If people would stop watching races and betting on them in the absence of whip use, this is most plausibly explained by their belief that races are not fair, and somehow lack integrity, if horses are not seen to be “ridden out” on their merits (i.e. are not whipped). This view is not supported by the persistence of Thoroughbred races (and gambling on them) in Norway where whip use has been forbidden for more than 30 years. It also runs counter to recent evidence that whip use is not associated with improved placings in Thoroughbred races [5]. Furthermore, in harness racing, a recent study explored relationships with two rule changes that moderated whip use. The first (October 2010) moderated whip action so that horses were struck with less force. A comparison of the frequency of fast, medium, and slow winning times before and after the rule change showed that there were significantly more fast and medium winning times in the later period. The second (more modest) change (2016) was associated with no change in race times [23]. Given that whip use has been associated with shortened strides that are unlikely to improve performance [24] and falls that compromise jockey safety [25, 26], it is unsurprising that its place in sustainable models of horseracing has been questioned [27].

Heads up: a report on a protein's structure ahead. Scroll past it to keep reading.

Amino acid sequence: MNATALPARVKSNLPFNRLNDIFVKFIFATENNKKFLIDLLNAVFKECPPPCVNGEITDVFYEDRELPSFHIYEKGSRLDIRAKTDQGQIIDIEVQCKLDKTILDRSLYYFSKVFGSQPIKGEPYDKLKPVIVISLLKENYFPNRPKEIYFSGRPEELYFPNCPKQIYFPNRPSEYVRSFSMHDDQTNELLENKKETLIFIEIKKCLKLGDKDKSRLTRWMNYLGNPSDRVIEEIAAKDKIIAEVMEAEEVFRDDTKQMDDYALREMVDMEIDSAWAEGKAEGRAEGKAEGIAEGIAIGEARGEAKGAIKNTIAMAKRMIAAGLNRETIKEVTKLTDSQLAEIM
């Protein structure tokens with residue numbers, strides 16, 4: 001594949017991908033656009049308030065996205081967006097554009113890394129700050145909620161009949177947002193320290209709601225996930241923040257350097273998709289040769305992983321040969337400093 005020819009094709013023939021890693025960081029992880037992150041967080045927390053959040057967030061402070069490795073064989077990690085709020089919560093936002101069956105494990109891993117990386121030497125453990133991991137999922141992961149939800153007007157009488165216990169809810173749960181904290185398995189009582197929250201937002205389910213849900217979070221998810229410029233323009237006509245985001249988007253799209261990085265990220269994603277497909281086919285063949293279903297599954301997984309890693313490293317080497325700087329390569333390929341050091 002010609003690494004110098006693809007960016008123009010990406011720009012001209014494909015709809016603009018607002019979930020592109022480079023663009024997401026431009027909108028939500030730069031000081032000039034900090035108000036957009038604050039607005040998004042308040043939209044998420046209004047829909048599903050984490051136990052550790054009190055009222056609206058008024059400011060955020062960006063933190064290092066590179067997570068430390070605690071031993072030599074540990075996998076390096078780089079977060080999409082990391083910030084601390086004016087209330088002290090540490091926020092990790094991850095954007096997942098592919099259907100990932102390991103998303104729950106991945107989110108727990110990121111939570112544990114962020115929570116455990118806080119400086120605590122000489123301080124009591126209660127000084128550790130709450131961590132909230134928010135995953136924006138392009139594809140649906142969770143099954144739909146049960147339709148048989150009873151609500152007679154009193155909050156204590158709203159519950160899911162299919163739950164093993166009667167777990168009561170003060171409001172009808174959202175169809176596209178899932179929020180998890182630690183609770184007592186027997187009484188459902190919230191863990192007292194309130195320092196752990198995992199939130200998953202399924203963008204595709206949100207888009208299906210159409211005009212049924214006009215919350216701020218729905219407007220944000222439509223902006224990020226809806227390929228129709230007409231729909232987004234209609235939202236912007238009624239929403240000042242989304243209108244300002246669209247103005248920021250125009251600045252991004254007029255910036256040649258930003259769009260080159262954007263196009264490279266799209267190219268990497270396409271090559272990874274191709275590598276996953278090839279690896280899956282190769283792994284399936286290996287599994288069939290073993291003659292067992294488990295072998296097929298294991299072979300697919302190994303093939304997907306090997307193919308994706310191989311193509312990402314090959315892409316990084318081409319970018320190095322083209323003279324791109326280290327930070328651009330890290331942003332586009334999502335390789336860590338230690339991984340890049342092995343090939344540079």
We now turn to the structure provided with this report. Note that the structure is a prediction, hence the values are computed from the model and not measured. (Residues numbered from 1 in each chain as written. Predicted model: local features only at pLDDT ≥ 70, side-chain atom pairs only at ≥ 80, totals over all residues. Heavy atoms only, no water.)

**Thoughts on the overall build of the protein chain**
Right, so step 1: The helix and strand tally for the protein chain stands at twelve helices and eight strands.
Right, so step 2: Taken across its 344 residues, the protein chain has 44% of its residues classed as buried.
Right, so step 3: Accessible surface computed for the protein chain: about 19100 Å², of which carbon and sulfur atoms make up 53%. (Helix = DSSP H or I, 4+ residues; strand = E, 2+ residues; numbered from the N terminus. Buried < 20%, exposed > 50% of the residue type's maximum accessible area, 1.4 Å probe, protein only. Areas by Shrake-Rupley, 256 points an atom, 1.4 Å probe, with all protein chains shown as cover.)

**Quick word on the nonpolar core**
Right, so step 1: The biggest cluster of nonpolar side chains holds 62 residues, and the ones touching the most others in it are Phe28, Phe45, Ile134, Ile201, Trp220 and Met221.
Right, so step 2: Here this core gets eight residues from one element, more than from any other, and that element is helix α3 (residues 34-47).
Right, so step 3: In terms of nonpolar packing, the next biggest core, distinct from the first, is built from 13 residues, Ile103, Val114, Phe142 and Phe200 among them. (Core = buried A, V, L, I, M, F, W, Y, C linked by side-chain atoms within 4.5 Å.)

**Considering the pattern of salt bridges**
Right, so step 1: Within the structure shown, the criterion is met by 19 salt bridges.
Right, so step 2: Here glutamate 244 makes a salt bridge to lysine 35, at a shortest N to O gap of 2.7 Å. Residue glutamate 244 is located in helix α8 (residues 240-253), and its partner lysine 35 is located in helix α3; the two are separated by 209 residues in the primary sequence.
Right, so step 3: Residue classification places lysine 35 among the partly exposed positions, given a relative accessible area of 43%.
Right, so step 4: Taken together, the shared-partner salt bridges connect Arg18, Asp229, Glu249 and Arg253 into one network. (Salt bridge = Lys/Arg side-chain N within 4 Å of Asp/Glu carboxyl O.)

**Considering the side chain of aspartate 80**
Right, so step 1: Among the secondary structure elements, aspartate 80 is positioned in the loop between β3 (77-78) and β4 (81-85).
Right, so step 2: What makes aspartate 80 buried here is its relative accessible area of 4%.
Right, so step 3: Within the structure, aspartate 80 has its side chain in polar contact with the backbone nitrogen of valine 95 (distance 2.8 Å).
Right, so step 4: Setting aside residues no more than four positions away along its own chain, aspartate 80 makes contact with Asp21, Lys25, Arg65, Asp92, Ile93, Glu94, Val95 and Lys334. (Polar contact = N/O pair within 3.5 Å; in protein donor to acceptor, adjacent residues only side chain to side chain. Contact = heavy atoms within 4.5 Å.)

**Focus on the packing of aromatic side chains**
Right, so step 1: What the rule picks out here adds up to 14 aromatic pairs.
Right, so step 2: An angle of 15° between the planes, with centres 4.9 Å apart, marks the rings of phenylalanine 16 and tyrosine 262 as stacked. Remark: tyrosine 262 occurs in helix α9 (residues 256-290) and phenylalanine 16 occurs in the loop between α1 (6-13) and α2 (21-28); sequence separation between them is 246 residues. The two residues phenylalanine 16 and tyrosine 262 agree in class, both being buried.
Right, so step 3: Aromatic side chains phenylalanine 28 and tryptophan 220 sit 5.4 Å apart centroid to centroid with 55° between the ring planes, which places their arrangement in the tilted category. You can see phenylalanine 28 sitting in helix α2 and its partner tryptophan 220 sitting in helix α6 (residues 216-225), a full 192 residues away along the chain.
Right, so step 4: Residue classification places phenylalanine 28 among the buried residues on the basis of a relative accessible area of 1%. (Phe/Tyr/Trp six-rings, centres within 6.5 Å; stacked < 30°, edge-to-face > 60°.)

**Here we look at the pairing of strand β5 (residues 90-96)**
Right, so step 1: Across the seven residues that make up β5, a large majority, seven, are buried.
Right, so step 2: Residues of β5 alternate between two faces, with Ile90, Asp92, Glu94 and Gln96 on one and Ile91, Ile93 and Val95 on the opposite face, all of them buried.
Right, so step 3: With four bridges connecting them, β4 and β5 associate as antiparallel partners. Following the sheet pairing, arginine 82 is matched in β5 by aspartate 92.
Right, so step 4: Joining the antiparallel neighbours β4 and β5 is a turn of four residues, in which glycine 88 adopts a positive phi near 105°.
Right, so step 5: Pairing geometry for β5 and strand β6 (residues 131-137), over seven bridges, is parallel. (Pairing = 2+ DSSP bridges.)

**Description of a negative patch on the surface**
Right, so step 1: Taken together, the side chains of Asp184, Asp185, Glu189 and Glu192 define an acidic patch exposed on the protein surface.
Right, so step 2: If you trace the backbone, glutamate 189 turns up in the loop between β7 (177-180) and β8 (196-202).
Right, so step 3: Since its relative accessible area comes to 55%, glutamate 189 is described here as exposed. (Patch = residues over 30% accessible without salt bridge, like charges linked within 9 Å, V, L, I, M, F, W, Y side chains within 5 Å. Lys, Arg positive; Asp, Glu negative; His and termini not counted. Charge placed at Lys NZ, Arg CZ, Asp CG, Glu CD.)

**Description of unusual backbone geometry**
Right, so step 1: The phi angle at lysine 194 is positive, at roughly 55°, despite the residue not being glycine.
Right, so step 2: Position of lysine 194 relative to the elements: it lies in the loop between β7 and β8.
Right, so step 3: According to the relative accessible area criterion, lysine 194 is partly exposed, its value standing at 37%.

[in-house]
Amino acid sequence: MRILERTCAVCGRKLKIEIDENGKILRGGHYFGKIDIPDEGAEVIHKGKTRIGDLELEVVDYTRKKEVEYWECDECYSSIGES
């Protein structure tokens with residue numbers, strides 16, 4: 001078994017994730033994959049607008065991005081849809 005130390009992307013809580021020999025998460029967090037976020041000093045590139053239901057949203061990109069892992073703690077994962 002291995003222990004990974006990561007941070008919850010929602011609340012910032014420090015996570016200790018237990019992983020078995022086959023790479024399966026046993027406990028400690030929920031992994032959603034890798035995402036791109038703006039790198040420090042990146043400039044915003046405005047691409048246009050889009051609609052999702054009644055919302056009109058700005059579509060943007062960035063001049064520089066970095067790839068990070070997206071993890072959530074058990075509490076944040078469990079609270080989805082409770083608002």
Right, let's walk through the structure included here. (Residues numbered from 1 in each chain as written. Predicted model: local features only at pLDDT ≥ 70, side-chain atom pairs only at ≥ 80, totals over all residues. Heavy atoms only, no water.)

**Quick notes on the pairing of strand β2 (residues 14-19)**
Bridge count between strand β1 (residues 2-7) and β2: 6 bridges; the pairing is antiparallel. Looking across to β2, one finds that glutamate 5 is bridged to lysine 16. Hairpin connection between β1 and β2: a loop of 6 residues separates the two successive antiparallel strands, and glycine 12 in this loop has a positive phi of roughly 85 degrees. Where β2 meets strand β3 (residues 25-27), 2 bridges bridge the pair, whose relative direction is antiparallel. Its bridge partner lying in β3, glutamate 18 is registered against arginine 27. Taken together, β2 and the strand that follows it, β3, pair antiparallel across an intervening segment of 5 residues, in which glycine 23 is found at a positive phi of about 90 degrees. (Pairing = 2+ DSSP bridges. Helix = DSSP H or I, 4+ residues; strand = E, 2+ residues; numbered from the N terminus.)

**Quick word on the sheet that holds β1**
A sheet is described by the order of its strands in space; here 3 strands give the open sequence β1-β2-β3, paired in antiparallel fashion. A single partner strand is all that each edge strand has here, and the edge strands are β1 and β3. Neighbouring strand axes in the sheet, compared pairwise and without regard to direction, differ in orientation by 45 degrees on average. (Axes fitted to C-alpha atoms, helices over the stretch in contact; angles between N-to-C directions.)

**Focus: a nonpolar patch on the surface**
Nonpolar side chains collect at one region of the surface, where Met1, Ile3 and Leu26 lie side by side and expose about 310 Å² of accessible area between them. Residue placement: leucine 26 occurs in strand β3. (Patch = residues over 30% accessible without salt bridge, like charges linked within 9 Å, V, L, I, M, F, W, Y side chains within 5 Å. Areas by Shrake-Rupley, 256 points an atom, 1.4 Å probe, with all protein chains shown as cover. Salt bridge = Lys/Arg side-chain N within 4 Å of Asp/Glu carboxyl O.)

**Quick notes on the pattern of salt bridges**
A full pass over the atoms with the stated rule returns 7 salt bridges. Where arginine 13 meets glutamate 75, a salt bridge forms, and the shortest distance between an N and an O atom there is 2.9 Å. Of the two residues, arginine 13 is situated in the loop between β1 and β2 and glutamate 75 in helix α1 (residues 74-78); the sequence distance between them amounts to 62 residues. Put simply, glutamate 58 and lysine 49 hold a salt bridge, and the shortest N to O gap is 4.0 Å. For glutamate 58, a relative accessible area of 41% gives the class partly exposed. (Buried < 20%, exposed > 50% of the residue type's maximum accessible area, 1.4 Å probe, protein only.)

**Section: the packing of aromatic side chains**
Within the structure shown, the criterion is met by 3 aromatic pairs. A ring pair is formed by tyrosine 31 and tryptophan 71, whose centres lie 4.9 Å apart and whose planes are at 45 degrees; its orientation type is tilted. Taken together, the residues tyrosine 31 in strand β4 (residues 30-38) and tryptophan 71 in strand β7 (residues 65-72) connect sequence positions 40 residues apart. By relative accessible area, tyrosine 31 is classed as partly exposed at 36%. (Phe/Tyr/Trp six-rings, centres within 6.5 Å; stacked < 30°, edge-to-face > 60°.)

The current study has demonstrated that among those who regularly watch races and bet on them, those who would stop watching or gambling on horseraces if whips were banned were more likely to be male. It is possible that these may be gamblers who are seeking to quit and are happy to embrace the influence of an externally imposed change on their preferred choice of gambling, a change they can argue has changed the rules untenably.

Conclusions

This study has revealed that those who support racehorse whipping are significantly more likely to be male. The more frequently respondents attended races or gambled on them, the more likely they were to agree that horses should be hit with a whip during the normal course of a race. These findings align with previous studies of violence among men and women but may also be attributed to male support of traditional gambling practices. Among racing enthusiasts who would stop watching races and betting on them if whipping were banned, those in the lowest income bracket were over-represented. Globally, racing organisations may consider the findings of the present study helpful in their deliberations on the merits of continuing the practice of whipping tired horses in the name of sport.

Acknowledgments

The authors would like to thank RSPCA Australia for providing the raw data and for supporting publication costs.